Having just the right words to explain what’s happening keeps you from feeling, well, crazy.
When the world learned of the passing of bell hooks, the renowned feminist, public intellectual, author, and professor on Wednesday, at her home in Berea, Kentucky, it was the value and accessibility of her words that resonated with Black women, whose understanding of themselves and their own work was transformed by hooks.
One day in her 20s, the right words came to Natalie Bullock Brown.
Her then boyfriend gave her copy of Sisters of the Yam: Black Women and Self-Recovery (1993), which made her feel seen and loved. Through tears and hard swallows, Bullock Brown, now a documentary film-maker and interdisciplinary studies professor at North Carolina State University, revealed how the world broke open when she first inhaled those pages.
hooks “inspired and motivated me to want to understand what I was experiencing,” said Bullock Brown, describing the ways she had come crashing into sexism and racism as a girl, then a woman. “I felt pricked. I felt like, ‘Oh my, God, she’s talking to me.’ I wanted to heal. That’s really what Sisters of the Yam is about.”
For so many, the beauty of hooks, known for such titles as Ain’t I A Woman? (1981), All About Love (1999), and Teaching to Transgress (1994), was her ability to bring philosophy to the people, said Saida Grundy, a feminist sociologist of race and ethnicity and a professor at Boston University.
“There is this idea that of all the humanities, philosophy is sort of the most erudite, the most prestigious or the most inaccessible, and what she’s doing is inviting Black people in particular but really marginalized people [in general] into this space of thinking about their own experience in ways of critical thinking or esoteric exercise,” Grundy said.
In empowering people “to have some command over how you think about yourself”, hers was a language that radically changed how Black women process their lives, Grundy said. “There is nothing that should be inaccessible about marginalized people being able to make thought of their own lives. That’s powerful.”
kihana miraya ross, a professor of African American studies at Northwestern University, said hooks’ writing had gripped her as a graduate student. “Her writing is so powerful and so important, but it’s also so clear. She has always been a role model for me in that way: no shade to people who don’t write like that, but I think that when you can say things clearly it means you understand what you’re saying.”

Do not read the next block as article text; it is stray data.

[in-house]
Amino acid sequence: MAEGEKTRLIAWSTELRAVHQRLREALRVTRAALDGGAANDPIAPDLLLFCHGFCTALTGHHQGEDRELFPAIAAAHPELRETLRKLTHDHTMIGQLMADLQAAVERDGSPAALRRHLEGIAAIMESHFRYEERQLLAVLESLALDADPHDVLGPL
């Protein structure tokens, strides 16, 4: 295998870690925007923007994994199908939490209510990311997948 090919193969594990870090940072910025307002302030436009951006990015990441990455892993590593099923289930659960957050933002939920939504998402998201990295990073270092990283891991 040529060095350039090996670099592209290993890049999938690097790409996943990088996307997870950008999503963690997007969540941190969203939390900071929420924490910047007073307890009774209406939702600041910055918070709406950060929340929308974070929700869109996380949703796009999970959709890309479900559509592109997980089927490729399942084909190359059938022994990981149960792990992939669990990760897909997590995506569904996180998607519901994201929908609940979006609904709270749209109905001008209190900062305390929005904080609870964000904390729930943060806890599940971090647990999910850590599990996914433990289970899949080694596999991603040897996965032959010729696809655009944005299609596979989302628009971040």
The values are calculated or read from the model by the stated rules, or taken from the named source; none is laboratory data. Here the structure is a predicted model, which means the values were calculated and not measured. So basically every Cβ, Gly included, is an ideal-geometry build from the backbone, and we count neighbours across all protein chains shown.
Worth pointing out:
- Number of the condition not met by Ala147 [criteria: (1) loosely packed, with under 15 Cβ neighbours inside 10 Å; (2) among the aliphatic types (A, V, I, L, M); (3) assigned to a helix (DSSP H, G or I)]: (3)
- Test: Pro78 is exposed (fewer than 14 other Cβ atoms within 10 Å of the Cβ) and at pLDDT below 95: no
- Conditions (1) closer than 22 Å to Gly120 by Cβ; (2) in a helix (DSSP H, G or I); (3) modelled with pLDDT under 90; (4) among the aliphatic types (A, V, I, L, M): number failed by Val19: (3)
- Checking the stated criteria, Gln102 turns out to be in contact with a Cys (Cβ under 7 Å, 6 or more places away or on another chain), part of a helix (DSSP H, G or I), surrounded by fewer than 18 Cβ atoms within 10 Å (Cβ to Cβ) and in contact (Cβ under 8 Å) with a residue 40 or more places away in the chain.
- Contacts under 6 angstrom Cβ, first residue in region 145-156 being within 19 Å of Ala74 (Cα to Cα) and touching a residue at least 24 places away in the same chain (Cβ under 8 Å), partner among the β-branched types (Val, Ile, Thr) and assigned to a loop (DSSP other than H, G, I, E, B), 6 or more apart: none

The accessibility of hooks’ words was exactly what Bullock Brown said she needed at a time when she felt all over the place.
“I didn’t really realize my value,” she said. “I didn’t recognize the issues that are specific to Black women and the ways that I was experiencing them. It was like a beautiful, really loving way to just kind of help me to begin to be centered and grounded in some reality and truth that may have taken me longer to really reconcile.”
Like me, Bullock Brown grew up in what I describe as “the remnant aura” of the civil rights movement in my book US Civil Rights Trail: A Traveler’s Guide to the People, Places, and Events that Made the Movement (2021). Surrounded by Black striving and excellence, there was a palpable energy that suggested to Black girls that it was up to us to make good on the opportunities won by that movement.
I’ve realized I grew up bound up in a sense of duty to excel but also a requirement to know my place. This surfaced in big and small ways, like on Sundays when my teen cousin, Reginald, would stop by for dinner, and my grandmother would order me to set a plate at the head of the table for him. I didn’t mind feeding him, but resisted the social programming to promote him to a place of honor simply because he was born male.
Similarly, Bullock Brown said she spent years unpacking the social messages to conform to specific, and limiting, ideas of what a woman is supposed to be – married with children – messages imparted in particular by her father.
“Part of the reason why I needed language is because there was a way my potential, my ability, even my own brilliance, to whatever extent that might exist, was muted because I’m a woman, because I was a girl,” she said. “A part of that experience was also not being encouraged to trust my own thoughts.”
A bespoke language created by hooks helped Bullock Brown learn, grow, and forgive. hooks matters because she helped so many of us Black women and girls to trust ourselves and articulate why.
“Our experiences as Black women and femmes is not going to be universal in the sense that we all go through the same thing; we’re not a monolith,” Bullock Brown said. “And yet, there’s a way that I think bell describes our experience that is both universal and specific.”
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